[0049] FIGS. 4A-4D illustrate an example 4.times.4 16-bit texel array 410 stored in a 32-byte memory unit 420 with a swizzle pattern. In particular embodiments, the system may store a 2D texel array in a memory unit with a swizzle pattern to allow all the texels in the 2D texel array to be retrieved parallelly from memory using one read operation. As an example and not by way of limitation, the 4.times.4 texel array 410, as illustrated in FIG. 4A, may include 16 texels as indicated by the (u, v) coordinates and each texel may have 16-bit data. The 16 texels in the texel array 410 may be needed to determine the color of all pixels associated with the sample region 415 (e.g., the four pixel sample locations at the corners of the region 415), and therefore may be needed at the same time during the sampling process. Parallelly retrieving the 16 texels in the 4.times.4 texel array 410 may result in faster sampling process and improve system efficiency.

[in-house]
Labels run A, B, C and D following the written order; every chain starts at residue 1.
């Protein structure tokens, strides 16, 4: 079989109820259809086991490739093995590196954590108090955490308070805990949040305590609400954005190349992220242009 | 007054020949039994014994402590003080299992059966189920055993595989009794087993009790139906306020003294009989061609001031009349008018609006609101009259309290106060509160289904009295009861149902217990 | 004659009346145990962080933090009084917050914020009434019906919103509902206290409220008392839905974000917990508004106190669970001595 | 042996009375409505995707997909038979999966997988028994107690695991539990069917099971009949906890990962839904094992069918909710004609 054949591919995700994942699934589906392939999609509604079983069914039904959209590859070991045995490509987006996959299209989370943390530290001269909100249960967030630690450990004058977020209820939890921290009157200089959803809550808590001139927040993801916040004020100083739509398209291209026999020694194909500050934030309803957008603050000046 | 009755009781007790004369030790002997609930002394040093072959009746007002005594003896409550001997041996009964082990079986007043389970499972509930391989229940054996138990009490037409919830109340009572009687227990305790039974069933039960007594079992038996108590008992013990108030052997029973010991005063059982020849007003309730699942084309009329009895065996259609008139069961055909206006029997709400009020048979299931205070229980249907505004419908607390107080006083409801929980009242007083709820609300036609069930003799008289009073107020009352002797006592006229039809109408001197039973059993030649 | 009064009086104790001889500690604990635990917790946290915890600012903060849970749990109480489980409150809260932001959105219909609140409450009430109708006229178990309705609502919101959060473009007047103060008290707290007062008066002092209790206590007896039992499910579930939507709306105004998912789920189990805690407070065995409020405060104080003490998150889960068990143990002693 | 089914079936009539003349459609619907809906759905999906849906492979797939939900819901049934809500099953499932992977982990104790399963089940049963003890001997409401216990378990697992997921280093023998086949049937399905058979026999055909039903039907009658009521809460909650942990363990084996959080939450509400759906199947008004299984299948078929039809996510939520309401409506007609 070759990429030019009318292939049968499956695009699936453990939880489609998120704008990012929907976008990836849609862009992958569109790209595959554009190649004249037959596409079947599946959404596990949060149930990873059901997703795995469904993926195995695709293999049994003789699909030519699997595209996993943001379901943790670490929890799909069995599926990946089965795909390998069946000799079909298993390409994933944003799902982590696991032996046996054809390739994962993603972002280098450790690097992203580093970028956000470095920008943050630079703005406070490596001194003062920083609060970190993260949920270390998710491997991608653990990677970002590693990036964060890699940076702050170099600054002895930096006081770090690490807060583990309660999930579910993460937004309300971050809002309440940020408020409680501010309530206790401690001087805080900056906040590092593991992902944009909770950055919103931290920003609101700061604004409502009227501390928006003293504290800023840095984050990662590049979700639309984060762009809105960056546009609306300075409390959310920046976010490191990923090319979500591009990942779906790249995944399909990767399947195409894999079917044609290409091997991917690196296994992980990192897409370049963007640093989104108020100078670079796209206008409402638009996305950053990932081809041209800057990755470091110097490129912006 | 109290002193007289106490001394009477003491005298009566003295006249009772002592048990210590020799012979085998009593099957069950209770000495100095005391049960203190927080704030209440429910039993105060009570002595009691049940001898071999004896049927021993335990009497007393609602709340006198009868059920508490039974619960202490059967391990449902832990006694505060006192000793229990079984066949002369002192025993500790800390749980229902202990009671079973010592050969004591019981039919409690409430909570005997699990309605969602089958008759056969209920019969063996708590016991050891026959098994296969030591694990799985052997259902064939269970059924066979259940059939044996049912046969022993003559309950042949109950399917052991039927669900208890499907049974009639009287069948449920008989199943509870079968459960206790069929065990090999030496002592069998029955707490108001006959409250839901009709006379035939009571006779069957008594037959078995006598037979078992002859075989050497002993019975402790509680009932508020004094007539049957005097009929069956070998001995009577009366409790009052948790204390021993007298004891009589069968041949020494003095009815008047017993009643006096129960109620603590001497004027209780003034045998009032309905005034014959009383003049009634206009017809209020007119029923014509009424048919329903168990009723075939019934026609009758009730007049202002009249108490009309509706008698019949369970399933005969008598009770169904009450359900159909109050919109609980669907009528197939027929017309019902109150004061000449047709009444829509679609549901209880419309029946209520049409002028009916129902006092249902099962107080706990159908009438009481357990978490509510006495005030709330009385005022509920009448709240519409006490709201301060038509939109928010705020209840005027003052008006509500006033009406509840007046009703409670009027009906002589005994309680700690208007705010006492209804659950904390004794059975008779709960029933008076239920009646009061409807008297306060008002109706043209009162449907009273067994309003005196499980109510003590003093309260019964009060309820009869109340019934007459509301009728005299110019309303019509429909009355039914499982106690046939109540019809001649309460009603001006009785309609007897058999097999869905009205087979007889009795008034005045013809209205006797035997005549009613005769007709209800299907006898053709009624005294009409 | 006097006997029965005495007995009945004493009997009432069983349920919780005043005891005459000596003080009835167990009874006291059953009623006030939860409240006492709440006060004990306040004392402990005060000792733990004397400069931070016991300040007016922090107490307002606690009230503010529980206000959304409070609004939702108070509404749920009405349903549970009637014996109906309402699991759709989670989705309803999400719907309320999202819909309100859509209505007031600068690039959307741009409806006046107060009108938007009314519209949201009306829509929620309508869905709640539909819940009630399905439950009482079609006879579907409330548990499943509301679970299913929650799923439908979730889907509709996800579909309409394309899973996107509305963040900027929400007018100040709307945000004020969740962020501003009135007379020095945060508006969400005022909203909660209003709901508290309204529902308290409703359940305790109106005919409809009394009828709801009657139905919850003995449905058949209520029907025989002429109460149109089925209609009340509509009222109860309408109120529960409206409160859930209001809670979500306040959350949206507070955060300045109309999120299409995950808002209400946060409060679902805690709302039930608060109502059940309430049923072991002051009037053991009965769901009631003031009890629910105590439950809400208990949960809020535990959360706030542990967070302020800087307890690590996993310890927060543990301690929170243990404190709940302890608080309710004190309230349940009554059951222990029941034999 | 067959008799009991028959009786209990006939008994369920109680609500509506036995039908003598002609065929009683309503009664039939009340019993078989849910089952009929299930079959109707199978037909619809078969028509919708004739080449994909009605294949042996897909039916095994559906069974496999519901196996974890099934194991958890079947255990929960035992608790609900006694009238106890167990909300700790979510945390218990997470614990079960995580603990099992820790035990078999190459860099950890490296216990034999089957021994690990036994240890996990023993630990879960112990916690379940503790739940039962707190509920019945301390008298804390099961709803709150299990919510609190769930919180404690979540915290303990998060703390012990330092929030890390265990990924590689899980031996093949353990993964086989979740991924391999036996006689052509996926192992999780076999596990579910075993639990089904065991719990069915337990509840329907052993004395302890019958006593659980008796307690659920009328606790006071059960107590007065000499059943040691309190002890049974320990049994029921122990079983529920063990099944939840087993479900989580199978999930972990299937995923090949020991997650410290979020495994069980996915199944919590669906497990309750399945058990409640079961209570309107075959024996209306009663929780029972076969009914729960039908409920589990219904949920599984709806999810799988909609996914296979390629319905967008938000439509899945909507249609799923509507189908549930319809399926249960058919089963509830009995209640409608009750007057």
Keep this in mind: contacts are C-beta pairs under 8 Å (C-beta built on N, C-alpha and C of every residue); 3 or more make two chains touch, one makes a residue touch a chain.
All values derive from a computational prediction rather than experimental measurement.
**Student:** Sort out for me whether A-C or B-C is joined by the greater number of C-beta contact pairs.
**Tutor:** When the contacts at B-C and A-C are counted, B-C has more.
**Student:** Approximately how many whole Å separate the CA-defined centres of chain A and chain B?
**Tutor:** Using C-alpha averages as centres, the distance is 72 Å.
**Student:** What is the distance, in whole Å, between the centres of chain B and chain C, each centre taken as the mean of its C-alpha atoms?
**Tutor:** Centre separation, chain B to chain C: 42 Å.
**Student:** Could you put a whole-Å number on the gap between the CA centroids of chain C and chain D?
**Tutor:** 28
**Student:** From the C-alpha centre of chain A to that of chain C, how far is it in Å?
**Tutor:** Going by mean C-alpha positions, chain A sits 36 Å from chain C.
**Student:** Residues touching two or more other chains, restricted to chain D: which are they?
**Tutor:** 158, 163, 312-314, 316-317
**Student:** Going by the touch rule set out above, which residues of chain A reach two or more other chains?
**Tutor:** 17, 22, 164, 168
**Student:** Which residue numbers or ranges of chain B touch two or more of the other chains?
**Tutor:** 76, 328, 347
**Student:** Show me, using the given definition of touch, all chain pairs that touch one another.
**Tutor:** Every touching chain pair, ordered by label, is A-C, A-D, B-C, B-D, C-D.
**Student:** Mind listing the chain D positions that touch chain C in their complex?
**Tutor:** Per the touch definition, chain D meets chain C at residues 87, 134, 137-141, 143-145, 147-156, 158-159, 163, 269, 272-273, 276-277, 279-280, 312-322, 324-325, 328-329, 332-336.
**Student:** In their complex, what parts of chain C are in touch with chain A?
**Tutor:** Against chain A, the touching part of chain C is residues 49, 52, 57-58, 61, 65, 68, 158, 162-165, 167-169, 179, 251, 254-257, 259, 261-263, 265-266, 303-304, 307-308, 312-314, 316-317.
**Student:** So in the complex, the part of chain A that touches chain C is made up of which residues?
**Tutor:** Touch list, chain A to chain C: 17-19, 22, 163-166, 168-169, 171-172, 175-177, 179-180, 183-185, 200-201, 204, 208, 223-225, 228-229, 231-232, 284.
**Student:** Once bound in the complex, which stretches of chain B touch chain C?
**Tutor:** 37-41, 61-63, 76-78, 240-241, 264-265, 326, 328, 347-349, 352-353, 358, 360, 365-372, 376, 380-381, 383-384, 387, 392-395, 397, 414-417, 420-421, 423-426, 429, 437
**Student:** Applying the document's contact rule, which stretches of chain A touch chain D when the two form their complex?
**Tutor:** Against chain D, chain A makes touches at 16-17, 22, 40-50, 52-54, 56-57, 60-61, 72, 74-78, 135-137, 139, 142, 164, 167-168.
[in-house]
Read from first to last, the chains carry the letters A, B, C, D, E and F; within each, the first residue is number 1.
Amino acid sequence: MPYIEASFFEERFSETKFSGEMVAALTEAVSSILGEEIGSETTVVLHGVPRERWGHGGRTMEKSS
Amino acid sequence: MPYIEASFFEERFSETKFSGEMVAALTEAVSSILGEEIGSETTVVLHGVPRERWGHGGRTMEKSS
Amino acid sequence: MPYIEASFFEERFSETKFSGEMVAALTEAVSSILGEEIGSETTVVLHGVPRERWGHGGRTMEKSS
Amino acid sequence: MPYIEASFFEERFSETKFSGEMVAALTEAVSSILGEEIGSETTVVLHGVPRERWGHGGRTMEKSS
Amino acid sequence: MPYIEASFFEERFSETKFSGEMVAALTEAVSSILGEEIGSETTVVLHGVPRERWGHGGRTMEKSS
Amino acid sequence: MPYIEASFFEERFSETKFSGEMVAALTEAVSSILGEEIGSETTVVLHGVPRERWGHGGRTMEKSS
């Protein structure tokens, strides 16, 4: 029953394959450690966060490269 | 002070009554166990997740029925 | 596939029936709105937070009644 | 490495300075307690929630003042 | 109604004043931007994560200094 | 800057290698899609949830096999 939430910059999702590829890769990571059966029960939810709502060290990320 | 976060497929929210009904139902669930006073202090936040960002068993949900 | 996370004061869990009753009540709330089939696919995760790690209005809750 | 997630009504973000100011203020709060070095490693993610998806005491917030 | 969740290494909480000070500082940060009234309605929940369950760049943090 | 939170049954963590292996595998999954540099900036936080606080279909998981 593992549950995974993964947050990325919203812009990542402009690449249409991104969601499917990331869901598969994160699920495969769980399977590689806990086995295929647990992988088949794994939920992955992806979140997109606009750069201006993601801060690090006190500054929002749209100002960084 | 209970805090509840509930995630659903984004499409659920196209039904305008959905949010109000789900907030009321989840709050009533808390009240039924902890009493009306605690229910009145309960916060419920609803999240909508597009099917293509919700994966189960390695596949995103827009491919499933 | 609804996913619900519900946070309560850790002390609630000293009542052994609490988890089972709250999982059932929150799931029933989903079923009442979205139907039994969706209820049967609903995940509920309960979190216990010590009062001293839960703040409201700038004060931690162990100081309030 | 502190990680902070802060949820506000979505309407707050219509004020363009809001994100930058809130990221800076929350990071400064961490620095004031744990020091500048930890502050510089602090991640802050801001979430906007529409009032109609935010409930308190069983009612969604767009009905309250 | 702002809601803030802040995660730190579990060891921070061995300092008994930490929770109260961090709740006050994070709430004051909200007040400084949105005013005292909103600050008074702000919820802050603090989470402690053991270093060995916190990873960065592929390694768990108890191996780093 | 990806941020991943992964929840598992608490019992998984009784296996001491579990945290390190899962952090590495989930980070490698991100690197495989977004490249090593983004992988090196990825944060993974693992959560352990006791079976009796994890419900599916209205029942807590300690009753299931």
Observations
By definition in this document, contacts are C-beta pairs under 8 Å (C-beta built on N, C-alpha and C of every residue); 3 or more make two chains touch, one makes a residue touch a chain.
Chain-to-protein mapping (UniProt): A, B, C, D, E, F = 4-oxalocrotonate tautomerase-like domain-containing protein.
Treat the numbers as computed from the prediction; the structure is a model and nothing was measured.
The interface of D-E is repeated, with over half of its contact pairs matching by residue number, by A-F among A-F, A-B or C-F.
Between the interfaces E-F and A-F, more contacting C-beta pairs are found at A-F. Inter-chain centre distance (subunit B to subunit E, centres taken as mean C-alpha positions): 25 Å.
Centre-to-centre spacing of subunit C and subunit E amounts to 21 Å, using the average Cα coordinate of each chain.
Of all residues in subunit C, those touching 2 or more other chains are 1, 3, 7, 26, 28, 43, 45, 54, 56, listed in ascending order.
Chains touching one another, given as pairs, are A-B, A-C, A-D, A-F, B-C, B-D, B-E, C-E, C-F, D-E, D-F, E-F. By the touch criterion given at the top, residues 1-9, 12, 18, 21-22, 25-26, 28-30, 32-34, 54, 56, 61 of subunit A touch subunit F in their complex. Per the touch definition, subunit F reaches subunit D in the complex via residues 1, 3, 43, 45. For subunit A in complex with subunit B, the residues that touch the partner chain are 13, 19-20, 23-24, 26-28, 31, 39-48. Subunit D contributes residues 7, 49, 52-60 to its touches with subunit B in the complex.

[0050] In particular embodiments, the 4.times.4 texel array 410 may be stored in the same memory unit, for example, a 32-byte (256 bits) memory unit 420 using a swizzle pattern which is the same or similar to the pattern as illustrated in FIG. 4D. To generate the swizzle pattern, the system may generate the addresses for the texels based on a number of rules which map the texels to corresponding memory space locations. In particular embodiments, the rules may include a specified order in the (U, V) coordinate space of the texels. As an example and not by way of limitation, for a 2.times.2 texel array in the (U, V) coordinate space, the swizzle order may be described as (0, 0), (1, 0), (0, 1), (1, 1), as illustrated in FIG. 4B. To generate this particular order, the V coordinate may be firstly kept constant at 0 when the U coordinate increases from 0 to 1, and then the V coordinate may be kept constant at 1 when the U coordinate increase from 0 to 1. The (U, V) coordinates used to define this order may be within a local (U, V) coordinate space which is defined using the texel at the upper-left corner of the 2.times.2 texel array as the reference texel (0, 0), rather than using the overall (U, V) coordinates for all 16 texels. Therefore, the four texels in each 2.times.2 texel array may be ordered in this particular order regardless the actual position of the 2.times.2 texel array in the overall larger texel region. It is notable that this particular order within a 2.times.2 texel array is only an example and the order of the texels in a 2.times.2 texel array is not limited to this order. In particular embodiments, the system may use other orders for the texels within a 2.times.2 texel array, for example, the order of (0, 0), (0, 1), (1, 0), (1, 1) or any possible order for four texels. In particular embodiments, the system may support any possible orders for ordering texels within a 2.times.2 texel array as along as the four texels in the 2.times.2 texel array are mapped to the memory address space (e.g., 8-byte memory space for 8-bit texel format). The 2.times.2 texel array may be stored in the corresponding memory space of the memory unit with a swizzle pattern as defined by the mapping between the texels and memory space.